Iterations of I


Iterations of I by John Dorney is the second adventure in Big Finish‘s The Fifth Doctor Box Set and includes the same regular TARDIS crew as the previous adventure.  Psychodrome ended with Tegan’s insistence that she wanted to return to Heathrow and yet, in Iterations of I, she’s over that now and is happy to stay.  It takes a moment, through the writer dropping the title of the book the Doctor is apparently reading, to work out that this adventure doesn’t follow on from the post-Castrovalva story.  Instead, it’s some months later and takes place some time after Black Orchid.  So, in terms of continuity, we’ve (at least) had Four to Doomsday, Kinda, and The Visitation as well as Black Orchid between the two stories present on The Fifth Doctor Box Set.  At a later point in the story the Doctor wishes he had his sonic screwdriver with him (in the TV series it was destroyed in The Visitation).

With the Doctor busy in the TARDIS library reading the aforementioned book, Adric attempts to use his mathematical skills to operate the TARDIS, with a little bit of (albeit reluctant) help from Tegan and Nyssa.  The Doctor returns to the console room, flustered with their attempts, only for the TARDIS to land safely.

However, instead of being at Heathrow (Tegan wasn’t responsible for the choice of destination, Adric just wanted to prove he could navigate better than the Doctor), they land on a cliff-edge.  The team go outside to explore, and Tegan is convinced they are on Earth – just nowhere near Heathrow.  The Doctor finds the weather quite pleasant and bracing, but to everyone else it’s cold and windy (prompting Tegan to conclude that the Doctor “must be British”).


Adric figures out his mistake in that he was using negatives in his calculations instead of positives due to forgetting that he wasn’t in E-Space anymore.  Before he can return to the TARDIS, the cliff gives way and the TARDIS plummets to the shoreline.  They espy a path down the cliff, but the sudden arrival of torrential rain has them rushing towards a dwelling – an apparently abandoned mansion in the middle of nowhere.  They find much clutter inside, together with a tape recorder which the Doctor believes the TARDIS could use to determine the exact date.

Nyssa is accosted by a psychic wave of undetermined source.

Meanwhile, a man visits the police to inform them of his missing girlfriend and that she’d been staying on Fleming Island – something in the name alerts the officer, stating that the island is “evil” and they should see if they can locate the missing woman.

What follows really depends upon how the listener takes the story.  The plot involves aliens that are wholly mathematical in nature and, as such, the story would have fit right in with the Christopher H Bidmead stories towards the end of the previous season and the start of this one.  Back then we had the logical-based Logopolis and the Escher-themed Castrolvalva.  Here we have alien beings existing as numbers.

A missing cult sought to find God in numbers, as numbers exist in everything and God exists in all things, their logic was to find the number that represented God.  They hired a mathematician to work for them and she discovered beings that exist as the imaginary number represented by ‘I’.  These beings killed off the cult members one-by-one, which the Doctor determines was due to a misunderstanding over communication.  He traps the beings, only to discover there’s something more malevolent out there and that not all threats come from numbers.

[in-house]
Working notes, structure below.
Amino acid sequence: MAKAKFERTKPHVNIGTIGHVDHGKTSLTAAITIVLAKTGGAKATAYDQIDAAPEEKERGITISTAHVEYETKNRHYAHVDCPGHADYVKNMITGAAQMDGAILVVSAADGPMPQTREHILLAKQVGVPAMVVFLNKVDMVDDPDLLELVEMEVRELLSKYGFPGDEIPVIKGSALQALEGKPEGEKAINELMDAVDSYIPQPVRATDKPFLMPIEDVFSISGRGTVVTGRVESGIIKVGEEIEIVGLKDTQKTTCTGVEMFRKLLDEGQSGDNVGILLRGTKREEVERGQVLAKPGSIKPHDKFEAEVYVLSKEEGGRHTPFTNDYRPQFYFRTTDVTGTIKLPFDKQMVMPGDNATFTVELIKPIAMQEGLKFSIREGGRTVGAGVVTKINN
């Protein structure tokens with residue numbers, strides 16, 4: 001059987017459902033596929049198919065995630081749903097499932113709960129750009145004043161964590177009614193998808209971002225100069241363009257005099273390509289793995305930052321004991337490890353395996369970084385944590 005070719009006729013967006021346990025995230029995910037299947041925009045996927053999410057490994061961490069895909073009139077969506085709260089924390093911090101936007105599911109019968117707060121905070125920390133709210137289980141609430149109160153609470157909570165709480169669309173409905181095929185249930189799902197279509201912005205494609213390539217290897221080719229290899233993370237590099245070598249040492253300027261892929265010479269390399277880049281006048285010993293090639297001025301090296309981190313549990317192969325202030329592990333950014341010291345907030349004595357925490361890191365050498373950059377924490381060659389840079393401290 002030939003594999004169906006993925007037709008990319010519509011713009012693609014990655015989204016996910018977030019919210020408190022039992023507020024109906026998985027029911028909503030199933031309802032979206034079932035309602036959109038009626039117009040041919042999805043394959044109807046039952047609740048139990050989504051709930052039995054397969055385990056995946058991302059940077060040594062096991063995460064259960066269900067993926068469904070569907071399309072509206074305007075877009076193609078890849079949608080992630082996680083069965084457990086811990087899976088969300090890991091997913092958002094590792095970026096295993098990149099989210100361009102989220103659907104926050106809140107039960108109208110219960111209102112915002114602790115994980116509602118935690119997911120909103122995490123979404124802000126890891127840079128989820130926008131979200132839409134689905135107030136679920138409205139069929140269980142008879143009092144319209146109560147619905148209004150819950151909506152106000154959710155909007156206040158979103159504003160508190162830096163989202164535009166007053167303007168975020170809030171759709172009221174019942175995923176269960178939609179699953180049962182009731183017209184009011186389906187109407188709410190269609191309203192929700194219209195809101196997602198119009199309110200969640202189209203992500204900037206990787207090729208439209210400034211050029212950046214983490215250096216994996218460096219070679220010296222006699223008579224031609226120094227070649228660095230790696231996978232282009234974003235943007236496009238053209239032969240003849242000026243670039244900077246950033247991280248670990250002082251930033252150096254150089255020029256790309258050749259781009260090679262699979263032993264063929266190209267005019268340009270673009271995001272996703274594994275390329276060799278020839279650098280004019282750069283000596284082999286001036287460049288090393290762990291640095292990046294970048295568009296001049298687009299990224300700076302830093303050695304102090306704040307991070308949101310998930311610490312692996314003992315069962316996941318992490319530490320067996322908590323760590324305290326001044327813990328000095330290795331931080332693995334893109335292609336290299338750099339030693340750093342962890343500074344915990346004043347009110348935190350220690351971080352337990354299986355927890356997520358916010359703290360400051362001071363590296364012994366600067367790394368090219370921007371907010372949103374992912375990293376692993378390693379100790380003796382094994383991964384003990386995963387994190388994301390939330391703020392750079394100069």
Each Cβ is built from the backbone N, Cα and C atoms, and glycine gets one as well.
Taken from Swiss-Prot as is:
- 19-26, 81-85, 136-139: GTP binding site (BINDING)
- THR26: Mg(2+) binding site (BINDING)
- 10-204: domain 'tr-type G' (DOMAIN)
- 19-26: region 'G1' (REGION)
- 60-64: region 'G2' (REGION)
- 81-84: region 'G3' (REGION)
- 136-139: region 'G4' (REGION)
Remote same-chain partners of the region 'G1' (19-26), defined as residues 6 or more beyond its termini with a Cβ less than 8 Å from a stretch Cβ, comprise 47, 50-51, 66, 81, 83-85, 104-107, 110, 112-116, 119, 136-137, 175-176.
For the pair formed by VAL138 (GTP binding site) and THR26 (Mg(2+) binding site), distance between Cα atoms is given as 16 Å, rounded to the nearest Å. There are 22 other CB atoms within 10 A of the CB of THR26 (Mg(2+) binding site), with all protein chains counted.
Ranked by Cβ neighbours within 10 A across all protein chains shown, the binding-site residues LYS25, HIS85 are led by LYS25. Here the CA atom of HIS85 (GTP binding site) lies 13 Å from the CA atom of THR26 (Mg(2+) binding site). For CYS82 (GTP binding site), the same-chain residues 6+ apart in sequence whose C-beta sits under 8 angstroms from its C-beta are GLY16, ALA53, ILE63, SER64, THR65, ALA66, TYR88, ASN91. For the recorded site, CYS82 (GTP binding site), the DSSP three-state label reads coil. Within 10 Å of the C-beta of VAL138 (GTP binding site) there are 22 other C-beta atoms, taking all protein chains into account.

Sound a bit confusing?  Well, the story is filled with a lot of mathematically-leaning technobabble but, and here’s the thing about it, the writer John Dorney has a way of putting it that makes sense.  Most of the third episode feels a bit like a massive infodump but, actually, through the persona of the Doctor, the writer explains all of his thought processes and the story actually makes a lot of sense.


The listener can then either go along with that which the writer is presenting, or just imagine the aliens as “from another dimension” and dismiss all of the mathematical technobabble as window dressing.  In either case, it works.  In the former it feels a lot like a thoughtful approach to the “monster of the week” adventure, whilst in the latter it feels a bit extended too much to be more comfortable than tedium.

Following the technobabble, the adventure reverts back to the “big bad” to give the story a sense of jeopardy and drama whilst the Doctor attempts to save the day.  Dorney has laid on several layers by way of characters with ulterior motives which gives the adventure extra spice where other four-parters may have been stretching out the concept thinner and thinner until the end.

As can be expected, with all of the mathematical stuff going on, Adric gets a big slice of the adventure (something he didn’t get in the previous story of The Fifth Doctor Box-set).  Sometimes he seems a little too clever for his own good, but I think this is more down to memories of how the TV series historically treated him as a third arm.  This is probably how his character should have been written.

Apparently, Iterations of I by John Dorney was awarded the Winner of the 2015 Scribe Award Best Audio release.  I’m not sure what competition it had, but in my mind it’s certainly a lot better than many other audio Doctor Who stories I’ve listened to recently.  It gets my vote.

The Fifth Doctor Box-set concludes with a music suit followed by an hour-long behind the scenes feature which includes some insight from Matthew Waterhouse on his return as Adric for the first time since the TV series.

I bought the set in one of Big Finish‘s sales for £20.00 plus £2.50 postage.  Even at the full price of £30 (£25 download), it’s a set I would recommend.